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Theatre-Made Ace-of-Spades 'Death Card' from the Vietnam War


The 'Ace of Spades' has been employed, on numerous occasions, in the theatre of war. In the second World War, the American 101st Airborne Army Division were marked with the symbol painted on their helmets. In this capacity, it was used to represent good luck, due to its fortunate connotations in card playing. All four card suits were used for ease of identification of regiments within the airborne division following the confusion of a large scale combat airborne operation. Battalions within the regiments were denoted with tic marks or dots, marked from top clockwise; Headquarters at the twelve o'clock position, 1st Battalion at the three o'clock, et cetera.

Place your pointer over the photo to see the reverse of the card

Some twenty years later, the 'Ace of Spades' was again used by American soldiers - this time as a psychological weapon in the Vietnam war. It was erroneously thought that Vietnamese ancient traditions held the symbolism of the spade to mean death and ill-fortune. The soldiers were quick to pick up this misconception, and in an effort to frighten away Viet Cong soldiers without firefight, it was common practice to leave an 'Ace of Spades' on the bodies of killed Vietnamese and even to litter the forested grounds and fields with the card. This custom was believed to be so effective, that the Bicycle Playing Cards company was asked to supply crates of that single card in bulk. The crates were often marked with 'Bicycle Secret Weapon.'

This card reverse is roughly translated to mean "Death waits for the Viet Cong. Surrender or die!".


Marvel Comic Book Printed, in part, from Blood from the band, KISS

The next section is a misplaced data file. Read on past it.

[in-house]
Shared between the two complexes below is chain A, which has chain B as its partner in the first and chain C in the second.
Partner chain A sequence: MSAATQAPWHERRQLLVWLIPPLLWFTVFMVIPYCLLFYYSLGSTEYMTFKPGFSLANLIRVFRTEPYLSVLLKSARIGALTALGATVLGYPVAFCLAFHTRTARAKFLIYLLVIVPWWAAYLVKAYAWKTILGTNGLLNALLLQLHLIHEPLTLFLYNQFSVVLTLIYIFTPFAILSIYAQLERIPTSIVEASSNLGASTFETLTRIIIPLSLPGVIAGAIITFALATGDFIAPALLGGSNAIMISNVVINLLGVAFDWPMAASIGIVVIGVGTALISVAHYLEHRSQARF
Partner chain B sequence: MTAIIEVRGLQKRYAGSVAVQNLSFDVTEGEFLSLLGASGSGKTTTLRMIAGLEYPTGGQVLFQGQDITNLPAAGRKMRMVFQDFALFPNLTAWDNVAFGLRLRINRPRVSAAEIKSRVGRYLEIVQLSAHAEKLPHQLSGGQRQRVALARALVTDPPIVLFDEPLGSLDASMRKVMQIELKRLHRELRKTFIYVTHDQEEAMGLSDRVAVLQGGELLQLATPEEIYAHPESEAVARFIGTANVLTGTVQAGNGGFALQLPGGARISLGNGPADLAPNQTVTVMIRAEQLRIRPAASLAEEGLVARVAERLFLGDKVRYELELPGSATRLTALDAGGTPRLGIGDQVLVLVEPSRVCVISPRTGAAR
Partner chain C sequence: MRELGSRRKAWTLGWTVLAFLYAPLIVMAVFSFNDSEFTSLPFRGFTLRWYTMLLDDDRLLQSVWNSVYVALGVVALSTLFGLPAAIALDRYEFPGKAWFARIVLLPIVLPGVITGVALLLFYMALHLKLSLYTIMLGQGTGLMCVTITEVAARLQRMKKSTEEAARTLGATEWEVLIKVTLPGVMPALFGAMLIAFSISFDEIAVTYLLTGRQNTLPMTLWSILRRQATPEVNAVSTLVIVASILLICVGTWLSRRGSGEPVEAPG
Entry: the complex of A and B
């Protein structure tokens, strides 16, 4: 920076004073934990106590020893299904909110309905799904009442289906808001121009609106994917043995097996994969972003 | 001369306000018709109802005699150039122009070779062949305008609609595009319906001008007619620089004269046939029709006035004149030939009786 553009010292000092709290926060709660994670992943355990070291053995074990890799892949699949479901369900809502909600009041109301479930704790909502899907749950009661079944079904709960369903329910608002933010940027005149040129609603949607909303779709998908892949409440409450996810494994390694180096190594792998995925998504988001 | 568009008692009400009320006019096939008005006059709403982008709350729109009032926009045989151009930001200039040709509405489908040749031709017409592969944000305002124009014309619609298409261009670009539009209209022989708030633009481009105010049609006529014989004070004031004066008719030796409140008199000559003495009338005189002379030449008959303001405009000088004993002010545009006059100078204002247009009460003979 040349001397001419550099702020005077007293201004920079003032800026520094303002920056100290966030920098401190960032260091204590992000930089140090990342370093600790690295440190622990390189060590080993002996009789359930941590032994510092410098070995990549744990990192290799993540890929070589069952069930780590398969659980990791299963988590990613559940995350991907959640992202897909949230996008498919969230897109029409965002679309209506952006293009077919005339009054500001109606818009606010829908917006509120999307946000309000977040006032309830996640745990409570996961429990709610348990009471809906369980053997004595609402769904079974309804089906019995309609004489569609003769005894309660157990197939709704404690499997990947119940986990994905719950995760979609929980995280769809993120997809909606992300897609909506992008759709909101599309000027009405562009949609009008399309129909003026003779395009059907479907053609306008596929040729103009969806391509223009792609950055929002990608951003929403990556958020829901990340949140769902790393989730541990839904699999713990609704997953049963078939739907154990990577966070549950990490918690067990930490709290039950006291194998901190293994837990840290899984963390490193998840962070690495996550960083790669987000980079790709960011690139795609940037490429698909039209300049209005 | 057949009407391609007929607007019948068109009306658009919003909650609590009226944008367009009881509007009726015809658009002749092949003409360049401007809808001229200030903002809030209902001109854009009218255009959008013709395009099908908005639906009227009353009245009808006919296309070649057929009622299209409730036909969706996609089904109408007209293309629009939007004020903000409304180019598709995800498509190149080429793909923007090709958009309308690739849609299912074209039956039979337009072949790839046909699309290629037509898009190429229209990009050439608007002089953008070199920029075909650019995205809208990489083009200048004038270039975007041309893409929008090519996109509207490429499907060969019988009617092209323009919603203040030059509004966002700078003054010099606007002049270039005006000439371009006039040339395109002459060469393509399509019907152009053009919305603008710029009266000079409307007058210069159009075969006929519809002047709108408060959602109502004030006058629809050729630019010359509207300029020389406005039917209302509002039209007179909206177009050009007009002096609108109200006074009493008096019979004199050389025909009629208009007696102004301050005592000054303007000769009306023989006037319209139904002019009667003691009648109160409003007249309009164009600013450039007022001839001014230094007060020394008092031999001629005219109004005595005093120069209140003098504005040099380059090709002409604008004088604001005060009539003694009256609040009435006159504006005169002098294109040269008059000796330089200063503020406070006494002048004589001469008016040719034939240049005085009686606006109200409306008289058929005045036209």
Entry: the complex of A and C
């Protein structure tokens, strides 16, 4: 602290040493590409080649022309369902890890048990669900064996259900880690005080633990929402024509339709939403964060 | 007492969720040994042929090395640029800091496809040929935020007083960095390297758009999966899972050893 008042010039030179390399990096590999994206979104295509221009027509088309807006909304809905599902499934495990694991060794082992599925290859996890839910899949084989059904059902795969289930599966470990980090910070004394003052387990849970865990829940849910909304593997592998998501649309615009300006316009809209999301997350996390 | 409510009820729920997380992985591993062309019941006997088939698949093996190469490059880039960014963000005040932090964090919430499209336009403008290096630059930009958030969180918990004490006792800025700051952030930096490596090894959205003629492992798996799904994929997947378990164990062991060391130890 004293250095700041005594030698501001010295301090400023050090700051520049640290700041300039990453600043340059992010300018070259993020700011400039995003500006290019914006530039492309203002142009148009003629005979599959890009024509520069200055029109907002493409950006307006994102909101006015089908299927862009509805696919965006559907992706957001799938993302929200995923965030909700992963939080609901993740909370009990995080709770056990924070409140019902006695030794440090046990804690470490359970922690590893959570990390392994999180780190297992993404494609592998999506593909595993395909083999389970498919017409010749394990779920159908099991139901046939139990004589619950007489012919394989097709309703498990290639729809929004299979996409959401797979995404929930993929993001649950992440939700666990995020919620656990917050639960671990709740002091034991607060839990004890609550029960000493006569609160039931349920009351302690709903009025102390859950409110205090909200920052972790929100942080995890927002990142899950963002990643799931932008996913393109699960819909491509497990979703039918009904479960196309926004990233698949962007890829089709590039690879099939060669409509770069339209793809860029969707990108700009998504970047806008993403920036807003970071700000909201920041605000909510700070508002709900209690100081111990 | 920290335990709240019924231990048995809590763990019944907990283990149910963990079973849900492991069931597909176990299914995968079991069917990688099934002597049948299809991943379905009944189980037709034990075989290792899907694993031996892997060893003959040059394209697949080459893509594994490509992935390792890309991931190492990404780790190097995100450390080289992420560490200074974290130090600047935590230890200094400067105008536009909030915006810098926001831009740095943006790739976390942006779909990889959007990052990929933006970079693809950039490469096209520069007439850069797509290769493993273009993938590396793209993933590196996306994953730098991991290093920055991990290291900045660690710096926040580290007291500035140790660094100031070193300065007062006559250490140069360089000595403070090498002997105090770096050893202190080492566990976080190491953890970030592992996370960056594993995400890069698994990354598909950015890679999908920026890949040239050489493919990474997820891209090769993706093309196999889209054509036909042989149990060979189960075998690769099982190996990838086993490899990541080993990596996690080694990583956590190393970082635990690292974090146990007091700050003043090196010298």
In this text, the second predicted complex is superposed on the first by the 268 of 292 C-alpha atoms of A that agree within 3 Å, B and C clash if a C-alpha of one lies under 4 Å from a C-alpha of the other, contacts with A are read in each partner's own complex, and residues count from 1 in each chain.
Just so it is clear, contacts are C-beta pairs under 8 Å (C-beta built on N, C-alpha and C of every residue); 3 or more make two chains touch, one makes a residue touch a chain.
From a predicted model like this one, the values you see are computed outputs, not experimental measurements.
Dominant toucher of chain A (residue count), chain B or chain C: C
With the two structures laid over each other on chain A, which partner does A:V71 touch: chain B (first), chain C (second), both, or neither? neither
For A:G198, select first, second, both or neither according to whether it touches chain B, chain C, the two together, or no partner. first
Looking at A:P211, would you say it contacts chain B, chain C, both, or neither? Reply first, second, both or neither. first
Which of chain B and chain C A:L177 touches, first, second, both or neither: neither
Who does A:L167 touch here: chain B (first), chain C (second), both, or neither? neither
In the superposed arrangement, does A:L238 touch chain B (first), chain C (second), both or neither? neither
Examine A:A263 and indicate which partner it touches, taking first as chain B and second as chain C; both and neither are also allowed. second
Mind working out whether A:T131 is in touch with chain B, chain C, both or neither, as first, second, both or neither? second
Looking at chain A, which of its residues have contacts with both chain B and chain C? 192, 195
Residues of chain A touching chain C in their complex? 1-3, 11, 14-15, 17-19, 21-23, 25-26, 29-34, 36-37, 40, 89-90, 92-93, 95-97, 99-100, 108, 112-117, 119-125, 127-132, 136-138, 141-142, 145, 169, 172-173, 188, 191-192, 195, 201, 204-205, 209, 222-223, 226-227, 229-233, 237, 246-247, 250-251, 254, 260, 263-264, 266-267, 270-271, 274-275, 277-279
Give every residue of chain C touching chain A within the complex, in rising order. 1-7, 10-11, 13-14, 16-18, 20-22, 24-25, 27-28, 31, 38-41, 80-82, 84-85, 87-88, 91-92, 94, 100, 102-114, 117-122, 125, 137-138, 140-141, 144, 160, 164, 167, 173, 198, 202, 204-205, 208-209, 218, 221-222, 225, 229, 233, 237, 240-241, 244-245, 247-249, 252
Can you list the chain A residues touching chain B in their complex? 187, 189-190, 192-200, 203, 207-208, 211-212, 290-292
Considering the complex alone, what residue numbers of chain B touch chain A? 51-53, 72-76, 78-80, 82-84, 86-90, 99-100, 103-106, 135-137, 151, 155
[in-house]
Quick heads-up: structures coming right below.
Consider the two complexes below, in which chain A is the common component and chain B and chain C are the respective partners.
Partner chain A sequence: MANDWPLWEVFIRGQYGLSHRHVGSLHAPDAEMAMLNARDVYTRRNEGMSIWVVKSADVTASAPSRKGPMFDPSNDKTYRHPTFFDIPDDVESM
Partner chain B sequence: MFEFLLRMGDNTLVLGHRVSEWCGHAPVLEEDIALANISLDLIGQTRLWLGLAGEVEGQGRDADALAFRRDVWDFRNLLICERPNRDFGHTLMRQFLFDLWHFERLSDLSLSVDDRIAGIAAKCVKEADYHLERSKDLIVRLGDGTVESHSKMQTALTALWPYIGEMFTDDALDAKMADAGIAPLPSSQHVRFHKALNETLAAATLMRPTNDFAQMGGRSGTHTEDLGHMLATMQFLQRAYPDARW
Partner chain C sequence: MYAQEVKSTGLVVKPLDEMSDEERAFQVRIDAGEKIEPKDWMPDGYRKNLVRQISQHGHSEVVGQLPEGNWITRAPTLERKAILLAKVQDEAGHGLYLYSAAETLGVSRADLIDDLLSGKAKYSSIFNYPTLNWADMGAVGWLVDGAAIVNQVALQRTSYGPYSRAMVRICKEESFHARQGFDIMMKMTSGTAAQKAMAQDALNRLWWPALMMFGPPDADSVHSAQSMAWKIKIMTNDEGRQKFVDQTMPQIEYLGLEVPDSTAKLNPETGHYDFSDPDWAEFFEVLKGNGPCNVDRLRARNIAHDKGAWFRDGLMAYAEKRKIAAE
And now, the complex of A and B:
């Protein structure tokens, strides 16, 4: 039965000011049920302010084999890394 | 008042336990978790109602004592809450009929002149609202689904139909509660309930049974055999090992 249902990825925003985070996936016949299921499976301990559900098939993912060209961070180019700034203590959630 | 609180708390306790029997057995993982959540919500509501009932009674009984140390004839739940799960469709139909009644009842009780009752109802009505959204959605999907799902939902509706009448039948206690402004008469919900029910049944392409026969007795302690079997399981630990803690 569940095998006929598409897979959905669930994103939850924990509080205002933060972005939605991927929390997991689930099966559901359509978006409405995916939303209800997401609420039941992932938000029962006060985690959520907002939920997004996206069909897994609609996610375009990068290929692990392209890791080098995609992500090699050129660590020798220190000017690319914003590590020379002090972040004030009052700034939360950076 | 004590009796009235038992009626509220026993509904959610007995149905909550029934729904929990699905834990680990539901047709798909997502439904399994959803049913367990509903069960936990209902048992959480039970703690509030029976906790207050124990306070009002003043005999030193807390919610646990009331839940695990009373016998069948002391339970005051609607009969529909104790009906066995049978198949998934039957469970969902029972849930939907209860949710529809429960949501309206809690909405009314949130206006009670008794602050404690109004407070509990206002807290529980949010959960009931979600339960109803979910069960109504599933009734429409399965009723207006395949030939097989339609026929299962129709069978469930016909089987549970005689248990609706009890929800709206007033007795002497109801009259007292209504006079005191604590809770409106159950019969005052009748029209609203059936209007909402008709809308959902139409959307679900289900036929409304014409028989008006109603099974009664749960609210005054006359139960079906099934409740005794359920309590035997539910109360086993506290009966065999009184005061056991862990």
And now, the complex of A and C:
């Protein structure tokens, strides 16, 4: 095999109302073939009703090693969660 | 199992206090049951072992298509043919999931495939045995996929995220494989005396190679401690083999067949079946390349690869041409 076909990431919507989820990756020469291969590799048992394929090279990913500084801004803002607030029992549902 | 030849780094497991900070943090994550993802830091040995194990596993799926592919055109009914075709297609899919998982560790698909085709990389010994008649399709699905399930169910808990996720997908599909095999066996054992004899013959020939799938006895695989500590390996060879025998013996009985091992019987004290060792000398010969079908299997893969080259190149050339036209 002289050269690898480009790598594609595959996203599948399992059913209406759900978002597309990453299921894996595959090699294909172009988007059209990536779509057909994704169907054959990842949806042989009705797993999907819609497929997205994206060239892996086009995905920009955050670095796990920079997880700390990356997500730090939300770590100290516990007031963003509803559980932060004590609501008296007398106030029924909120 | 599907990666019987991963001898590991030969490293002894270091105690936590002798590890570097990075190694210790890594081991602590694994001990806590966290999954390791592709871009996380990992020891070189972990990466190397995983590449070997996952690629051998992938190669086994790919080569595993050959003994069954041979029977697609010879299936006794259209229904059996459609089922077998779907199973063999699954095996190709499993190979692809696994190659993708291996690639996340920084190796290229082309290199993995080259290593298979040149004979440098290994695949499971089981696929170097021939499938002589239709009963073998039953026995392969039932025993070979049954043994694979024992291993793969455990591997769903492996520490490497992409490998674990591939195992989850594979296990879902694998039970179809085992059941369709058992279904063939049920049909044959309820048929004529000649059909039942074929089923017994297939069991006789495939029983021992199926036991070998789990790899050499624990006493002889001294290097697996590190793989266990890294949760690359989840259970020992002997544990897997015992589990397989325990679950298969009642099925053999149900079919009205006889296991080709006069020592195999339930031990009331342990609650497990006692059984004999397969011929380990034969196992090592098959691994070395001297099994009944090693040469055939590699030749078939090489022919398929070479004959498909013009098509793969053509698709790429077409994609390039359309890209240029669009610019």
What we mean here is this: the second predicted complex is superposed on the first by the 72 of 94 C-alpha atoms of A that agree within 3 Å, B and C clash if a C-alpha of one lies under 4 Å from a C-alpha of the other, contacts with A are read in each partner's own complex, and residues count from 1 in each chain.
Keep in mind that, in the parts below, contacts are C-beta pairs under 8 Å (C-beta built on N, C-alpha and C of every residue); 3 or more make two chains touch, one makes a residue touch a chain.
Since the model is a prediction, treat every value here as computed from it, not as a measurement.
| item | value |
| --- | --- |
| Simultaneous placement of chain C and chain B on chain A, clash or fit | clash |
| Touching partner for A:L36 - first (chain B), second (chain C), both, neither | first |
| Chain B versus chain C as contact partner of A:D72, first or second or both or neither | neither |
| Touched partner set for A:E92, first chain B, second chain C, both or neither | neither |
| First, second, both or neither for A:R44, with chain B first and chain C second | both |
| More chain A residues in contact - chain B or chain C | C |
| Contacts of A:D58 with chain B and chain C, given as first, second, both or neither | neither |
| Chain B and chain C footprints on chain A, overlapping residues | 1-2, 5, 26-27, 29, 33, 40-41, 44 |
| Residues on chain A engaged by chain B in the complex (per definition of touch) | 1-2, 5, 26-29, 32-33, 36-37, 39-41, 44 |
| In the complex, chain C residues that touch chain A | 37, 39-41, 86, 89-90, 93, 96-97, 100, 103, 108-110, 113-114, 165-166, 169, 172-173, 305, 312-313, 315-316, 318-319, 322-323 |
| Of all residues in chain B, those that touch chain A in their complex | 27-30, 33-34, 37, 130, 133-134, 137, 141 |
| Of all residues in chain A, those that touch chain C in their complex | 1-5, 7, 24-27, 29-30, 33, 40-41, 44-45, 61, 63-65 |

Given that the concept for the band KISS drew upon comic book superheroes almost as much as upon music itself, they were a natural to feature someday in their very own comic. Sure enough, that came to pass in 1977 when Marvel Comics issued the first Super Special KISS comic book.  

Place your pointer over the photo to see the reverse of the comic book

Never one to pass up a good marketing opportunity, KISS willingly went along with a promotional gimmick invented to spur sales of the first edition. As Gene Simmons recalled, "As the KISS comic book project moved along, someone came up with the idea of putting real blood in the ink. It wasn't me — maybe it was Bill [Aucoin] or Sean [Delaney]. We got into a DC3, one of those big prop planes, and flew up to Buffalo to Marvel's printing plant, where they pour the ink and make comic books. A notary public actually witnessed the blood being drawn.:

The four members of KISS, Gene Simmons, Paul Stanley, Peter Criss, & Ace Frehley, allowed their blood to be drawn during a concert stop in New York at Nassau Coliseum on February 21st, 1977, and then they later flew up to the Borden Ink plant in Depew, New York, to be photographed adding their vials of donated blood to a barrel of red ink on May 26th, 1977. A notary public duly certified the authenticity of the process, and the notarized document was made available as the "KISS comic book contract".  The Kiss Marvel comic book is released the same day as the band's "Love Gun" album, on June 30th, 1977, where its status among comic book collectors, as well as KISS fans, keeps in in high demand worldwide.  The comic itself is 11 inches in height and 8.25 inches in width.


Silver Bar Minted From the U.S. Strategic Stockpile


Place your pointer over the photo to see the reverse of the bar